National Association for Advancement of Colored People v. Button/Concurrence Douglas

Court Documents
Case Syllabus
Opinion of the Court
Concurring Opinions
Douglas
White

United States Supreme Court

371 U.S. 415

National Association for Advancement of Colored People  v.  Button

 Argued: Oct. 9, 1962. --- Decided: Jan 14, 1963


Mr. Justice DOUGLAS, concurring.

While I join the opinion of the Court, I add a few words. This Virginia Act is not applied across the board to all groups that use this method of obtaining and managing litigation, but instead reflects a legislative purpose to penalize the N.A.A.C.P. because it promotes desegregation of the races. Our decision in Brown v. Board of Education, 347 U.S. 483, 74 S.Ct. 686, 98 L.Ed. 873, holding that maintenance of public schools segregated by race violated the Equal Protection Clause of the Fourteenth Amendment, was announced May 17, 1954. The amendments to Virginia's code, here in issue, were enacted in 1956. Arkansas, Florida, Georgia, Mississippi, South Carolina, and Tennessee also passed laws following our 1954 decision which brought within their barratry statutes attorneys paid by an organization such as the N.A.A.C.P. and representing litigants without charge.

The bill, here involved, was one of five that Virginia enacted 'as parts of the general plan of massive resistance to the integration of schools of the state under the Supreme Court's decrees.' Those are the words of Judge Soper, writing for the court in N.A.A.C.P. v. Patty, D.C., 159 F.Supp. 503, 515. He did not indulge in guesswork. He reviewed the various steps taken by Virginia to resist our Brown decision, starting with the Report of the Gray Commission on November 11, 1955. Id., at 512. He mentioned the 'interposition resolution' passed by the General Assembly on February 1, 1956, the constitutional amendment made to carry out the recommendation of the Report of the Gray Commission, and the address of the Governor before the General Assembly that enacted the five laws, including the present one. Id., at 513-515. These are too lengthy to repeat here. But they make clear the purpose of the present law as clear a purpose to evade our prior decisions as was the legislation in Lane v. Wilson, 307 U.S. 268, 59 S.Ct. 872, 83 L.Ed. 1281, another instance of a discriminatory state law. The fact that the contrivance used is subtle and indirect is not material to the question. 'The Amendment nullifies sophisticated as well as simple-minded modes of discrimination.' Id., at 275, 59 S.Ct. at 876. There we looked to the origins of the state law and the setting in which it operated to find its discriminatory nature. It is proper to do the same here.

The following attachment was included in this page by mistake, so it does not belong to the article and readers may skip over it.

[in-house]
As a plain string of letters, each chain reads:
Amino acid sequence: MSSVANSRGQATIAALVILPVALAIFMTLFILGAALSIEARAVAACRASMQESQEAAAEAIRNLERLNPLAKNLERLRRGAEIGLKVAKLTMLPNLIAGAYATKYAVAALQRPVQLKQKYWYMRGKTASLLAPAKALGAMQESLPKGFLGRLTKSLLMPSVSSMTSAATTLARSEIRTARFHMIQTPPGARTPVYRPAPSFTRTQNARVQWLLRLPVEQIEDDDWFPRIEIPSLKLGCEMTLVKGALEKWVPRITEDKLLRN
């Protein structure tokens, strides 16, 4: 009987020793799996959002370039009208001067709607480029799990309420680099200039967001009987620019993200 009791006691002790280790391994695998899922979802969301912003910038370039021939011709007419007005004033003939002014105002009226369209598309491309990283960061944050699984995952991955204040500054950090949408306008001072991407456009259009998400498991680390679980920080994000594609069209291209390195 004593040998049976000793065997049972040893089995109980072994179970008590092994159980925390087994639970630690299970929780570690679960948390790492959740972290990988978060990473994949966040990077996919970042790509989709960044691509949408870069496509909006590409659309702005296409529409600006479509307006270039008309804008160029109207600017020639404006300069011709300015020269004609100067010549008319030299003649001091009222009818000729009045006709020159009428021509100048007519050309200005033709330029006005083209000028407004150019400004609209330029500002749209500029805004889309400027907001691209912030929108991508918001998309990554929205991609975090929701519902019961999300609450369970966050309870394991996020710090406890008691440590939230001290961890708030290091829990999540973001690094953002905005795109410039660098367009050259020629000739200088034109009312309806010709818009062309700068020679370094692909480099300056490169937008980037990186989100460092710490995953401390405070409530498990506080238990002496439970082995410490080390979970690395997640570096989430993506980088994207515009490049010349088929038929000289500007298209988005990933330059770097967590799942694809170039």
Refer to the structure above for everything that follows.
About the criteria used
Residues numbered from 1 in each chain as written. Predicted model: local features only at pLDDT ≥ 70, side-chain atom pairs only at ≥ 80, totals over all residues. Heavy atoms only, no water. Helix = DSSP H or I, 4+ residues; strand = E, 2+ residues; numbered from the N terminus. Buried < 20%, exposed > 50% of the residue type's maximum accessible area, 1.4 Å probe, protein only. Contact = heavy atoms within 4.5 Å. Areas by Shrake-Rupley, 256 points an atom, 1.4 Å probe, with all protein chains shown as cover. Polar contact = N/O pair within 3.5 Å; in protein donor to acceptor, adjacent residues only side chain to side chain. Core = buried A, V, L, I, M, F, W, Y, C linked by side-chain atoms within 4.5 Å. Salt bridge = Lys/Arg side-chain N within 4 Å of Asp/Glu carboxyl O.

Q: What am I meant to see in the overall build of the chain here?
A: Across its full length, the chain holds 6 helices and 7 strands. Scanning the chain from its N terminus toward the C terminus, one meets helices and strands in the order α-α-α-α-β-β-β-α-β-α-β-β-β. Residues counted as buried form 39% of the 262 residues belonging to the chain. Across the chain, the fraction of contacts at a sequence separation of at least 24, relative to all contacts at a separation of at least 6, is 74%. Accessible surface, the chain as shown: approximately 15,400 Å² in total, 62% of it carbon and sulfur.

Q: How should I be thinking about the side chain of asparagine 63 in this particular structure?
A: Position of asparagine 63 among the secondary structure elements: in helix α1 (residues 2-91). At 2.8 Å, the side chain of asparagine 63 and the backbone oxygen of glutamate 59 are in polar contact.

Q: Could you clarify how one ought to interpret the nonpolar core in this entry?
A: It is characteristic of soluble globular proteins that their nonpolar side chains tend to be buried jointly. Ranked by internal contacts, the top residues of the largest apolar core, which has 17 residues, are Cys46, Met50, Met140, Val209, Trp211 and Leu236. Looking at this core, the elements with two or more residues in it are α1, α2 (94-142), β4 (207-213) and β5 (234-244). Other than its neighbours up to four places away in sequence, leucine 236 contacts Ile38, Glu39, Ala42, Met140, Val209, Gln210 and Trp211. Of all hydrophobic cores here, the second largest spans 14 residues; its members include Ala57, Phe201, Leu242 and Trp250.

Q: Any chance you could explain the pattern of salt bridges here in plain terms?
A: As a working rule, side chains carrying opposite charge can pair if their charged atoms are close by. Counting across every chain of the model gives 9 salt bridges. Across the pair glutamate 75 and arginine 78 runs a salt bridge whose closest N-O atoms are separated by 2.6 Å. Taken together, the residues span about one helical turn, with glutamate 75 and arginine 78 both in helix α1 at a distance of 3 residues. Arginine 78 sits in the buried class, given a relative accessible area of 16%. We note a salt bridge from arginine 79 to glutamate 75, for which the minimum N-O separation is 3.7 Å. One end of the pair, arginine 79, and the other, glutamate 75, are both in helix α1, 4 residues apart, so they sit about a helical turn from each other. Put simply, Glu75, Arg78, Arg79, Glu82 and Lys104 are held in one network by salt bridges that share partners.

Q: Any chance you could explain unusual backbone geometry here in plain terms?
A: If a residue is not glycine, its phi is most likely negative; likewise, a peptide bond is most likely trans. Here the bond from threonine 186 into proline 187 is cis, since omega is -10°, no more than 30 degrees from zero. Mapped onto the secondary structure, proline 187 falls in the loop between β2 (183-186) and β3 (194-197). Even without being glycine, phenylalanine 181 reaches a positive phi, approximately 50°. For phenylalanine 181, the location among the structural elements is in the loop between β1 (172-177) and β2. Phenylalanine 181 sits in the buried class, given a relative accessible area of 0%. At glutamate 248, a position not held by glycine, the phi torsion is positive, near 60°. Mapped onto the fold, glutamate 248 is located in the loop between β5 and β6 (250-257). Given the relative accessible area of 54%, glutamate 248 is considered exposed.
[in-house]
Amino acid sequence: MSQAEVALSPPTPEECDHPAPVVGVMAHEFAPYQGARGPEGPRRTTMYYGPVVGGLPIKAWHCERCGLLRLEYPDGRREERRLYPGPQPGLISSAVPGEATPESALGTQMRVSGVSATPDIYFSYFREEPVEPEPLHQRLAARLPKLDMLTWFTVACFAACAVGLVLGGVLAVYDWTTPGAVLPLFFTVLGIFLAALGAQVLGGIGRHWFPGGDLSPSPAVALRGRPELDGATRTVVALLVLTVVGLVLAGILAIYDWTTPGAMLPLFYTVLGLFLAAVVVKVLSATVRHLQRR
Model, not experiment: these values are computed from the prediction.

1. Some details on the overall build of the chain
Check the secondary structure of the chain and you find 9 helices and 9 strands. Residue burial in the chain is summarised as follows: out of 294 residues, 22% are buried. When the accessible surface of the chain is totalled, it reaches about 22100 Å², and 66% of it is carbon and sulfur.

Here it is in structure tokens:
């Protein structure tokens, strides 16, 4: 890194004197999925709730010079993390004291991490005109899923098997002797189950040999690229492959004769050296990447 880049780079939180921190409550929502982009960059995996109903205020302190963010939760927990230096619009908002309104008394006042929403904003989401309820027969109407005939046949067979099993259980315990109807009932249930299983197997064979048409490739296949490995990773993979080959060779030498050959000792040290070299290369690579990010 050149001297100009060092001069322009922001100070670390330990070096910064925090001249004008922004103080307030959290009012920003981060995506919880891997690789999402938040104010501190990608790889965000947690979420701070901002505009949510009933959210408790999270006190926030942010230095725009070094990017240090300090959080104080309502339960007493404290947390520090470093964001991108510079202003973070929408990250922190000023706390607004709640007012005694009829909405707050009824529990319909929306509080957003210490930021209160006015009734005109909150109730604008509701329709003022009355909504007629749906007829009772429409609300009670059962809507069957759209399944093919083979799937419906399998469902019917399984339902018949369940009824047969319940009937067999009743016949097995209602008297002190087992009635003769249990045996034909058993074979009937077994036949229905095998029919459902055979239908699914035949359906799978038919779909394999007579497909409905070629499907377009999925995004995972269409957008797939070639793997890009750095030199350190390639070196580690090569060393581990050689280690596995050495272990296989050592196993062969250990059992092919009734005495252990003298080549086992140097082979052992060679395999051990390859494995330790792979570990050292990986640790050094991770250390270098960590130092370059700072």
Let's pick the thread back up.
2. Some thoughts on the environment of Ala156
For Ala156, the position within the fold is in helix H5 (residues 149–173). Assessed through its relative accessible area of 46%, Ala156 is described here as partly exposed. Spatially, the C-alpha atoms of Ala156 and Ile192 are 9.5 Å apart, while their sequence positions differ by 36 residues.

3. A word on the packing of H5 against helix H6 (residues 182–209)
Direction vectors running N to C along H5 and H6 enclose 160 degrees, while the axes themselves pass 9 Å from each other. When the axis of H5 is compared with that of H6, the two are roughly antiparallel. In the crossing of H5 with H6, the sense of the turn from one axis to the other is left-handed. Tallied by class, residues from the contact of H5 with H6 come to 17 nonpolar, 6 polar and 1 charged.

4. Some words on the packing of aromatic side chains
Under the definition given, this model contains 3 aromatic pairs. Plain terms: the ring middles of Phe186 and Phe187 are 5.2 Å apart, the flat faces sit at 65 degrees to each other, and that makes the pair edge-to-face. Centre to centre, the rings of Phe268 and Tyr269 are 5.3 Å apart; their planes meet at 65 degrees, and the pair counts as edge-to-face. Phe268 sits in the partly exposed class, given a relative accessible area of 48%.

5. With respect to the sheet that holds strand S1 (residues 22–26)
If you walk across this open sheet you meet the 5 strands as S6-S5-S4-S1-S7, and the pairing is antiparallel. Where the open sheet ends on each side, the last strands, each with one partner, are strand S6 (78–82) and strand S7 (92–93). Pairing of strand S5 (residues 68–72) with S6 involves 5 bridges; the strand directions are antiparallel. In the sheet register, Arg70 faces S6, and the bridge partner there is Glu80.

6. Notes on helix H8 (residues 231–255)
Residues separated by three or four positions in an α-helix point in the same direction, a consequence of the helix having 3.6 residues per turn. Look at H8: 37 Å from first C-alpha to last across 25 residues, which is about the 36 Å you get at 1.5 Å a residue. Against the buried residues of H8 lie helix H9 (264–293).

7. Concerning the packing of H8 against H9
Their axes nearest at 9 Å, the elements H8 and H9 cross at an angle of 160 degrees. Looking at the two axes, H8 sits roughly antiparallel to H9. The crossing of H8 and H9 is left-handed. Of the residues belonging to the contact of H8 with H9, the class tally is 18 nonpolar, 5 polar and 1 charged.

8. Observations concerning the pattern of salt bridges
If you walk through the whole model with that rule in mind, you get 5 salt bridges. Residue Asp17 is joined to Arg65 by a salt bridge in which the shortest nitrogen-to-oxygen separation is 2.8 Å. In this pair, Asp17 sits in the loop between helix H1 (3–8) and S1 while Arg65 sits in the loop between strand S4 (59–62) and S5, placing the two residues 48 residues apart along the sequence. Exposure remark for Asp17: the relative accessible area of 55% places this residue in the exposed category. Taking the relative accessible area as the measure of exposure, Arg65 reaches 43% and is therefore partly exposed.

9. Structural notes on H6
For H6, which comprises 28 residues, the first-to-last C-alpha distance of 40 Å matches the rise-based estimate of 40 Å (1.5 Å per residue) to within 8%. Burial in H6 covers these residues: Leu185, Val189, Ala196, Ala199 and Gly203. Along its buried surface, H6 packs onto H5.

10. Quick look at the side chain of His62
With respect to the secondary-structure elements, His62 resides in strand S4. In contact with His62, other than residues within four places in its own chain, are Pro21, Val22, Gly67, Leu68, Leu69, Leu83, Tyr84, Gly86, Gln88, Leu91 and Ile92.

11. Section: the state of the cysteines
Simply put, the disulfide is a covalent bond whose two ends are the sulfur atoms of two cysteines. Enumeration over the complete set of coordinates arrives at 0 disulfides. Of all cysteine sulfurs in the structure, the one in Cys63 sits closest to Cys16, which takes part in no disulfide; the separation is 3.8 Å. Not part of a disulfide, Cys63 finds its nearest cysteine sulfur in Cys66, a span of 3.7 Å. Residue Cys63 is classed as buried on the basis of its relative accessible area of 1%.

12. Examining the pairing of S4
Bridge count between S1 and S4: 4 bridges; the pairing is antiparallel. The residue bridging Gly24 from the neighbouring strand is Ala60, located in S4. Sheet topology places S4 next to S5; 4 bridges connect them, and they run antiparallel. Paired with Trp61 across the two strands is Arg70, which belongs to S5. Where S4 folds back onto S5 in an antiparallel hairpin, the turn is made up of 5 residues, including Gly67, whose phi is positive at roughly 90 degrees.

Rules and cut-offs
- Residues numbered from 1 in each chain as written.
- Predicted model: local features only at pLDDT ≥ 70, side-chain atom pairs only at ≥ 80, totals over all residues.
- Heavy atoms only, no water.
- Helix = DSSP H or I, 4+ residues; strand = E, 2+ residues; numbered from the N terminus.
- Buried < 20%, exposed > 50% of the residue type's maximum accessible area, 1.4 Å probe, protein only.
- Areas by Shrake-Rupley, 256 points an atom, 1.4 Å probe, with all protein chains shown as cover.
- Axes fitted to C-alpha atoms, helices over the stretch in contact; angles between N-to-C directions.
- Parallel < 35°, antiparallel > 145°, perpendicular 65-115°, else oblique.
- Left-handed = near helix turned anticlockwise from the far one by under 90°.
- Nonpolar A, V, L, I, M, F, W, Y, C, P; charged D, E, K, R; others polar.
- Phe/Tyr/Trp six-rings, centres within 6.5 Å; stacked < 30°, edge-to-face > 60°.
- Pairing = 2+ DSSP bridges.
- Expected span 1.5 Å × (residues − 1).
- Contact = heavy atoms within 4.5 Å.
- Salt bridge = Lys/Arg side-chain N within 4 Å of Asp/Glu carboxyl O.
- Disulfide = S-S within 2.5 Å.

Discrimination also appears on the face of this Act. The line drawn in § 54-78 is between an organization which has 'no pecuniary right or liability' in a judicial proceeding and one that does. As we said in N.A.A.C.P. v. Alabama ex rel. Patterson, 357 U.S. 449, 459, 78 S.Ct. 1163, 1170, 2 L.Ed.2d 1488, the N.A.A.C.P. and its members are 'in every practical sense identical. The Association * * * is but the medium through which its individual members seek to make more effective the expression of their own views.' Under the statute those who protect a 'pecuniary right or liability' against unconstitutional invasions may indulge in 'the solicitation * * * of business for (an) attorney,' while those who protect other civil rights may not. This distinction helps make clear the purpose of the legislation, which, as Judge Soper said, was part of the program of 'massive resistance' against Brown v. Board of Education, supra.

Notes edit

This work is in the public domain in the United States because it is a work of the United States federal government (see 17 U.S.C. 105).

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